Tips for Mixing with Multiband Expansion

Transcript:

In this video I’ll be demonstrating multiband upwards expansion as a special effect to use across the mix buss of a typical pop/rock song. In the previous video, I’ve used my four bands of compression inside the C6 to just tame the overall levels of the track, smooth it out a little bit, but just a subtle compression, nothing to dramatic. Let me play you back what i’ve got already.

[music]

I’m gonna do two things here with upwards expansion. The first is I’m gonna bring out the punch of my kick drum. I’m gonna use this lower floating band that I’ve got going on here. I’m also gonna bring out the acoustic guitar and sparkle on the track by using this other floating band that I’ve got going on up here.

What I’ll start out by doing is soloing the lowest band down here, and focusing on a way to do upwards expansion here. And narrow the Q so I can just focus on the kick drum.

[music]

And have a faster release and a faster attack there we go. It’s starting to pump a little bit. And I’ll bypass it and you can hear what it’s adding. Kick drum kind of falls flat. And it’s really fattening up here with the upward expansion. What I demonstrated right now — I’ve kind of over-exaggerated the effect with the range and gain. I’d probably back it off just a little bit. Bring the range down a little bit and bring the threshold up so it won’t be as dramatic, but I want you to be able to hear exactly what’s going on so when you’re doing this kind of effect, you know what to listen for.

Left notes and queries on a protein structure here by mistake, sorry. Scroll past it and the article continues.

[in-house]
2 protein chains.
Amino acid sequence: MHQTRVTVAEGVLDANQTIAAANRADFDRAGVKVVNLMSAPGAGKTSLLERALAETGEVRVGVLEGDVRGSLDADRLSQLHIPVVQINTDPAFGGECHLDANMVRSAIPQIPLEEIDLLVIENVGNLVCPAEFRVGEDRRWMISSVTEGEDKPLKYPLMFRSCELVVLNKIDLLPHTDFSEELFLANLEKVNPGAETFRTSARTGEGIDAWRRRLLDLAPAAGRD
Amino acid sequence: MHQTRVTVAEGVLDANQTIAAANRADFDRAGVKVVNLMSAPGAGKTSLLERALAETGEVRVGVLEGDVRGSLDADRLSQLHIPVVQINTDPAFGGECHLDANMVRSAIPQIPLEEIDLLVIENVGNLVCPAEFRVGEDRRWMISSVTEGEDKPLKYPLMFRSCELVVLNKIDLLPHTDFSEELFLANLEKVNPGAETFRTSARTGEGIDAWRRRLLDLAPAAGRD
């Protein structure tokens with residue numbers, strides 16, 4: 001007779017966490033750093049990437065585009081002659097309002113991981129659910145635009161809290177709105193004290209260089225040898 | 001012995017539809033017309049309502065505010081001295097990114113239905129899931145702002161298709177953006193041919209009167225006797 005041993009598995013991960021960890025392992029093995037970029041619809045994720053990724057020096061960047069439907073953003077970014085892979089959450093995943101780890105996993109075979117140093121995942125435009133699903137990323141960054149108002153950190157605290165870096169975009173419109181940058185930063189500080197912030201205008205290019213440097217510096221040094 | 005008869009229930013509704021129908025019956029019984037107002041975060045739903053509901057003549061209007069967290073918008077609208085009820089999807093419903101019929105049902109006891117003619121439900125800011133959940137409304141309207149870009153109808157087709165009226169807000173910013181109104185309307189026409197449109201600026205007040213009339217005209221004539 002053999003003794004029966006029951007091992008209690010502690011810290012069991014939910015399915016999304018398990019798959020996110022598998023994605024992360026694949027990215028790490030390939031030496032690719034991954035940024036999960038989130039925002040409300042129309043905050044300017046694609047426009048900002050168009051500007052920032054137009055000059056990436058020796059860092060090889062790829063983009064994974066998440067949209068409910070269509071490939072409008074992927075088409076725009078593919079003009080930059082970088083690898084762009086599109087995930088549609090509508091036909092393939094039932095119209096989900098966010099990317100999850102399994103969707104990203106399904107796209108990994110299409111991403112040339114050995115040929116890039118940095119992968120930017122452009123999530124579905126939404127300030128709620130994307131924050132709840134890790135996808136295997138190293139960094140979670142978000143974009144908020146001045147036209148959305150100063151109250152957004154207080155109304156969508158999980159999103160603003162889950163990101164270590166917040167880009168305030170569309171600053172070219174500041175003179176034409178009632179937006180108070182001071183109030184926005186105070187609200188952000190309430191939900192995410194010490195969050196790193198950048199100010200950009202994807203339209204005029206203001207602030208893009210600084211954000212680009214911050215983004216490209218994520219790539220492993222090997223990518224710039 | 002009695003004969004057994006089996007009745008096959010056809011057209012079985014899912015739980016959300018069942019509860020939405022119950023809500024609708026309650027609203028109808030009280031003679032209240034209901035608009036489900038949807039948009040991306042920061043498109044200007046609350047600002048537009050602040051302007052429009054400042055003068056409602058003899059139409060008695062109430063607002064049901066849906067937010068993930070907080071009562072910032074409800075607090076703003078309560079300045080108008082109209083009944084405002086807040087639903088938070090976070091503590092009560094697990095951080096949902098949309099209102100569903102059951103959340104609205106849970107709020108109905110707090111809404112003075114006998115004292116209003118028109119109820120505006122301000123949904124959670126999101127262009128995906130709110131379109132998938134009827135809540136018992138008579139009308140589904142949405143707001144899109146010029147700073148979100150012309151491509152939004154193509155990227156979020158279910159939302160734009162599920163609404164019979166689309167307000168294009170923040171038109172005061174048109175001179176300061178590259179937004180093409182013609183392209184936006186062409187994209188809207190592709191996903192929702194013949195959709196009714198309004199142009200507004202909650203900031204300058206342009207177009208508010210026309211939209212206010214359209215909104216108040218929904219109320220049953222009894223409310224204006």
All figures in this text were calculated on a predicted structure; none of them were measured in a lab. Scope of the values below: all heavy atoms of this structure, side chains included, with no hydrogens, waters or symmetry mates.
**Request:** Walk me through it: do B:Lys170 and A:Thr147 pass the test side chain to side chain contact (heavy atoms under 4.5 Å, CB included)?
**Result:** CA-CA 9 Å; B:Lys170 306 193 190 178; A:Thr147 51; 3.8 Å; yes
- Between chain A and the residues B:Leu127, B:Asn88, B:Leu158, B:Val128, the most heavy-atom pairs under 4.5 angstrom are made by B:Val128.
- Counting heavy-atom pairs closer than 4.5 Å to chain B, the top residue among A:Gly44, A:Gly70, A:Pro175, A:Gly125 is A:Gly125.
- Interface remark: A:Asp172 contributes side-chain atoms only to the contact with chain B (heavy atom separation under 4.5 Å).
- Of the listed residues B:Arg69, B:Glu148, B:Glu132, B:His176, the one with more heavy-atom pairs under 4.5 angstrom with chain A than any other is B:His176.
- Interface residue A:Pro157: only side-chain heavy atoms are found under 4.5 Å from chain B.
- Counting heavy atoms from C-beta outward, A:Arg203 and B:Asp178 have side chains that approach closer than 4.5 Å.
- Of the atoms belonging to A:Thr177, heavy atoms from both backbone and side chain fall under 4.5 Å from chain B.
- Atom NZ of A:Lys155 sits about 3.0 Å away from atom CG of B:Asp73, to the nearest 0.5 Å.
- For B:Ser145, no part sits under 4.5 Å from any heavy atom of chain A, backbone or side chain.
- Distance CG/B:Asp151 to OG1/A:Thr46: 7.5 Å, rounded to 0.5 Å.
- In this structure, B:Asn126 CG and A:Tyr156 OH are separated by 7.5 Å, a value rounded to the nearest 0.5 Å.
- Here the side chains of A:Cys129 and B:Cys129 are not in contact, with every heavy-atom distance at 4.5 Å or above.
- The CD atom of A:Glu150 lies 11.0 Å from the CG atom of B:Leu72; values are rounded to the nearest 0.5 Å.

Next let me get on to doing a similar sort of thing with the acoustic guitars up here. Solo this band.

[music]

Nice sparkle probably around this range between the upper two channel. Very fast attack and release. This one is easier to play around with, you’ve got the whole thing coming in you can hear how it sounds.

[music]

Hopefully you’re able to hear the effects I’m adding in. Adding in that extra punch and that fatness to the kick drum. I’m also adding in that extra little sparkle on the top end by using the upwards expansion. Again this is what makes multiband processing very unique and very special and very useful, is because you can have things like compression and expansion going on at the same time across difference frequency ranges and really focus in on the sound there. As with everything, experiment as much as possible, try out different things. What works on one song might not work on a different song. Try out the presets, it might give you an idea about conventional settings for the attack and release, and then the main thing is just to kind of get used to balancing the threshold along with the range until you find something that works typically for the songs that you’re mixing. I’ll just go ahead and play out the track so you can again have an idea about how it sounds.

Eric Tarr

Eric Tarr

Eric Tarr is a musician, audio engineer, and producer based in Columbus, Ohio. Currently a Professor of Audio Engineering Technology at Belmont University in Nashville, TN.
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